Vincenzo Tamagni, Portrait of a lady in a crimson dress. Estimate 80,000 — 120,000 USD. Photo: Sotheby’s.
oil on panel; 37 by 28 in.; 94 by 71 cm.
Provenance: Dr. Rothmann, Berlin, in 1927;
With Fischer Lucerna;
Kisters collection, Kreuzlingen, by 1965.
Notes: Federico Zeri was the first to ascribe this striking portrait to Vincenzo Tamagni in 1965, when the painting was in the Kisters collection, Kreuzlingen (see Provenance) and the attribution was more recently endorsed by Carlo Falciani. Born in the Tuscan town of San Gimignano, Vincenzo Tamagni was a pupil of Giovanni Antonio Bazzi, called Sodoma. His early works, such as the Virgin and Child with Saints in the ex-pharmacy of the Ospedale di Santa Maria della Croce in Montalcino, Siena, were very much in the style of his master, whom Tamagni closely imitated. After a brief sojourn in Rome, the artist returned to Siena at which point his works took on the influence Andrea del Brescianino.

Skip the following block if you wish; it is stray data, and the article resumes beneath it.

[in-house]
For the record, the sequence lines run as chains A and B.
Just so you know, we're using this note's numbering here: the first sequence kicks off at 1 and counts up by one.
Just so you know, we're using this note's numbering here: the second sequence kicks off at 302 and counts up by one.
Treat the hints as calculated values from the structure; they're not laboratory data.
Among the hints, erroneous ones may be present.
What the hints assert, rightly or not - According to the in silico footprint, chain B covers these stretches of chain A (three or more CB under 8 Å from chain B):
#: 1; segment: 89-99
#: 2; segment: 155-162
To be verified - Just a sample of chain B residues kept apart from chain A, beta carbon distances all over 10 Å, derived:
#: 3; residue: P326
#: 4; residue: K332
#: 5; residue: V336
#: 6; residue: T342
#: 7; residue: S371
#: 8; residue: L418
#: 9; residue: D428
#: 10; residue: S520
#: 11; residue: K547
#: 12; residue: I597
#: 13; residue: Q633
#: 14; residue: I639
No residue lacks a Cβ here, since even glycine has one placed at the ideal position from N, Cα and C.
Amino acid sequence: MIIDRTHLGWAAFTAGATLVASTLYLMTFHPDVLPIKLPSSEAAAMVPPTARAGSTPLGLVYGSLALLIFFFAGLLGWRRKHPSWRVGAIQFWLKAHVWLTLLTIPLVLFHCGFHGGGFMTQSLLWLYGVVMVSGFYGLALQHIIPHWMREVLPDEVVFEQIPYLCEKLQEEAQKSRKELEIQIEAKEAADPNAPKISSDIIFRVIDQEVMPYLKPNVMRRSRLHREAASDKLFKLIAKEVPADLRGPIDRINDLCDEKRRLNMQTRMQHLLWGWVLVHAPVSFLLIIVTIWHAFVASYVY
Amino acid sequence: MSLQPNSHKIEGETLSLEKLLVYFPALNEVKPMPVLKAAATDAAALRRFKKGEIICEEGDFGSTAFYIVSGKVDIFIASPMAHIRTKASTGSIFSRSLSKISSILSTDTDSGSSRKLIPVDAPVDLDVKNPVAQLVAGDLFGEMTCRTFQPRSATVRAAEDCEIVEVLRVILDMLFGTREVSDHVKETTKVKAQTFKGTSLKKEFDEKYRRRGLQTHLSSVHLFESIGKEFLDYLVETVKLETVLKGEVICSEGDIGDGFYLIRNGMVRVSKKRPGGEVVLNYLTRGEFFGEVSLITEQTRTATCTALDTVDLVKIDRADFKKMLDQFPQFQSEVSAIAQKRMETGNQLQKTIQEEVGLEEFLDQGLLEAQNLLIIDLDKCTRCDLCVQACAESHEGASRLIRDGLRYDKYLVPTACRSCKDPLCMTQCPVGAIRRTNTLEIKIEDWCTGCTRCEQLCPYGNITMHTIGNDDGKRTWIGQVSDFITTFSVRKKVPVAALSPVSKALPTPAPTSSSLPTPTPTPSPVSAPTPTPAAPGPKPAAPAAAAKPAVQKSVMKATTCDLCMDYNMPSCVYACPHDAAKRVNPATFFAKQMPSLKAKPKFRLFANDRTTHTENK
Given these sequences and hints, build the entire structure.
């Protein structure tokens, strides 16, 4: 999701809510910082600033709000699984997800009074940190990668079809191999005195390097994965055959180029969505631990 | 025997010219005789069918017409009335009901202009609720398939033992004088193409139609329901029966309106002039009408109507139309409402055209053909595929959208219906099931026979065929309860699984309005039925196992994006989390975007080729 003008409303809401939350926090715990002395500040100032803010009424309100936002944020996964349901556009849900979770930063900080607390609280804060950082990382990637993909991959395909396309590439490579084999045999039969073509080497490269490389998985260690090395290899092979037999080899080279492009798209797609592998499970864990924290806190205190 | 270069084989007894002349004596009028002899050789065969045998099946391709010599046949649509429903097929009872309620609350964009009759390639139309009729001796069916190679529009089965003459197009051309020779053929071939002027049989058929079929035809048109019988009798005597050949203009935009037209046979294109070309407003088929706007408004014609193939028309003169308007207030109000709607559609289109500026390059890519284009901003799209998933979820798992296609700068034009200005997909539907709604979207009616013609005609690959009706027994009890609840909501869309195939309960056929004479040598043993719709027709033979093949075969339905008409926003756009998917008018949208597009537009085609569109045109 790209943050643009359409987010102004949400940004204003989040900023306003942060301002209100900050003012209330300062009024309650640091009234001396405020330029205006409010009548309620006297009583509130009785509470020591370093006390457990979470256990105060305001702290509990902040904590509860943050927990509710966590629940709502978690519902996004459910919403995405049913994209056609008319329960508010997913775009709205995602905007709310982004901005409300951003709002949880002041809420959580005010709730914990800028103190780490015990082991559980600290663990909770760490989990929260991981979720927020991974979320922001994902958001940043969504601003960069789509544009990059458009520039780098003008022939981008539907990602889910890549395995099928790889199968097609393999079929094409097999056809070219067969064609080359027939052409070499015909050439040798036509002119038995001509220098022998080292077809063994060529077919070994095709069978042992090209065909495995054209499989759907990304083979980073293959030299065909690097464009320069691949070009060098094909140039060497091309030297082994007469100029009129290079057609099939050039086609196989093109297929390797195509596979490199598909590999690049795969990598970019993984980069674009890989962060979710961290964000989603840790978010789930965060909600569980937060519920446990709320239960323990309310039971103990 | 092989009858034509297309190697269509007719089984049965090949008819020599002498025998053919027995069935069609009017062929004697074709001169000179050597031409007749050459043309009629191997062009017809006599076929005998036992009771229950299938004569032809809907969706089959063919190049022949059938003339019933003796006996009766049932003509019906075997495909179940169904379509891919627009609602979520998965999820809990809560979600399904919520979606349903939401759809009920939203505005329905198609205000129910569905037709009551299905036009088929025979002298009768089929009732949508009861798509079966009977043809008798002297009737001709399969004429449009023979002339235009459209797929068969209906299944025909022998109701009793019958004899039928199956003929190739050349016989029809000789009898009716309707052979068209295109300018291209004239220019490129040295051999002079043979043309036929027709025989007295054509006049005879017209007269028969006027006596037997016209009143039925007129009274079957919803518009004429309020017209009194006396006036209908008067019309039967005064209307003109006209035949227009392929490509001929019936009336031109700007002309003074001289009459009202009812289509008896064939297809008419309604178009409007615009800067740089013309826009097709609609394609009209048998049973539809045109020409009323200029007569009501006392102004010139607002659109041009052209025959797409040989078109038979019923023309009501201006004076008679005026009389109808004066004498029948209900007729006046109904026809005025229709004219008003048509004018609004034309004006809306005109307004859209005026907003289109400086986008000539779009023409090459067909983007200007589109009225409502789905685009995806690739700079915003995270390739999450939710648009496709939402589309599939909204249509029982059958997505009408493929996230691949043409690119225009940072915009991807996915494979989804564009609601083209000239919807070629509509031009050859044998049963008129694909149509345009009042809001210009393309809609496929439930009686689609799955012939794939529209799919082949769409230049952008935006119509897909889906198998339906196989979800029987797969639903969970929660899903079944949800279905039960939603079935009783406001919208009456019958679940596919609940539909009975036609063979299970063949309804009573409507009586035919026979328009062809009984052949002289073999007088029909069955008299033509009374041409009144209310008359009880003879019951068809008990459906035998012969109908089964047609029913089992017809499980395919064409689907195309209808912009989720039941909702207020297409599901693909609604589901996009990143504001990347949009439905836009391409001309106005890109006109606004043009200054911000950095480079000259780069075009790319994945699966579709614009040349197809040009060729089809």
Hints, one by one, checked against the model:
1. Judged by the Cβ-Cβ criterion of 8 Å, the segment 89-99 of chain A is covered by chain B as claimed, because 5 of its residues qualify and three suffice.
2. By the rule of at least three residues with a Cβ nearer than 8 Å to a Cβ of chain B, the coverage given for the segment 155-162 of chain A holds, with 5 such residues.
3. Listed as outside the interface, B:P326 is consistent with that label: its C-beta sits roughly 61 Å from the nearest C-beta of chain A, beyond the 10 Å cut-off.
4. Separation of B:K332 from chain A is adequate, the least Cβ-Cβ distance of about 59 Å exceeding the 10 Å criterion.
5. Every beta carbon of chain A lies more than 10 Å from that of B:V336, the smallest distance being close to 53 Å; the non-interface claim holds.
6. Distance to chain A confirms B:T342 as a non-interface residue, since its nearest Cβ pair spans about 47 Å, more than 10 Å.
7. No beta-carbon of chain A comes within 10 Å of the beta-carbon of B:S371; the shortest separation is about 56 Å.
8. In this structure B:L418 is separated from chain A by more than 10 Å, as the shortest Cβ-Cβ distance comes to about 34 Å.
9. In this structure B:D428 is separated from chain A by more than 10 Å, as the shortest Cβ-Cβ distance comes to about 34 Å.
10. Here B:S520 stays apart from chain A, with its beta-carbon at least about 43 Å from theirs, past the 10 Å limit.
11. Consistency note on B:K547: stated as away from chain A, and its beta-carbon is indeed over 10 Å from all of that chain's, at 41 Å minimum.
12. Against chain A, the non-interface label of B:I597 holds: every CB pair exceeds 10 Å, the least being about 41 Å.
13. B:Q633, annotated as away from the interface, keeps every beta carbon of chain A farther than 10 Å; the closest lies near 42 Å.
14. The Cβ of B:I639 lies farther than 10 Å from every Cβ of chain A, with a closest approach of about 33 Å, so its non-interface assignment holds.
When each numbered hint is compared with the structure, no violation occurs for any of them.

This arresting portrait is clearly indebted to Brescianino’s painting style: the soft sfumato effects employed for the molding of the drapery folds and of the face, the heavily shaded eyes and pert little mouth instantly recall the Sienese master. The face here can be closely compared to that of the sitter in Brescianino’s Portrait of a Lady now in the Galleria Nazionale d’Arte Antica di Palazzo Barberini, Rome (inv. no. 1778).1
We are grateful to Carlo Falciani for endorsing the attribution following firsthand inspection.
1. L. Mochi Onori and R. Vodret Adamo, Galleria Nazionale d’Arte Antica. Palazzo Barberini, i dipinti. Catalogo sistematico, Rome 2008, p. 311.
Sotheby’s. Selected Renaissance and Mannerist Works of Art Assembled by Fabrizio Moretti, New York, 29 janv. 2015, 02:00 PM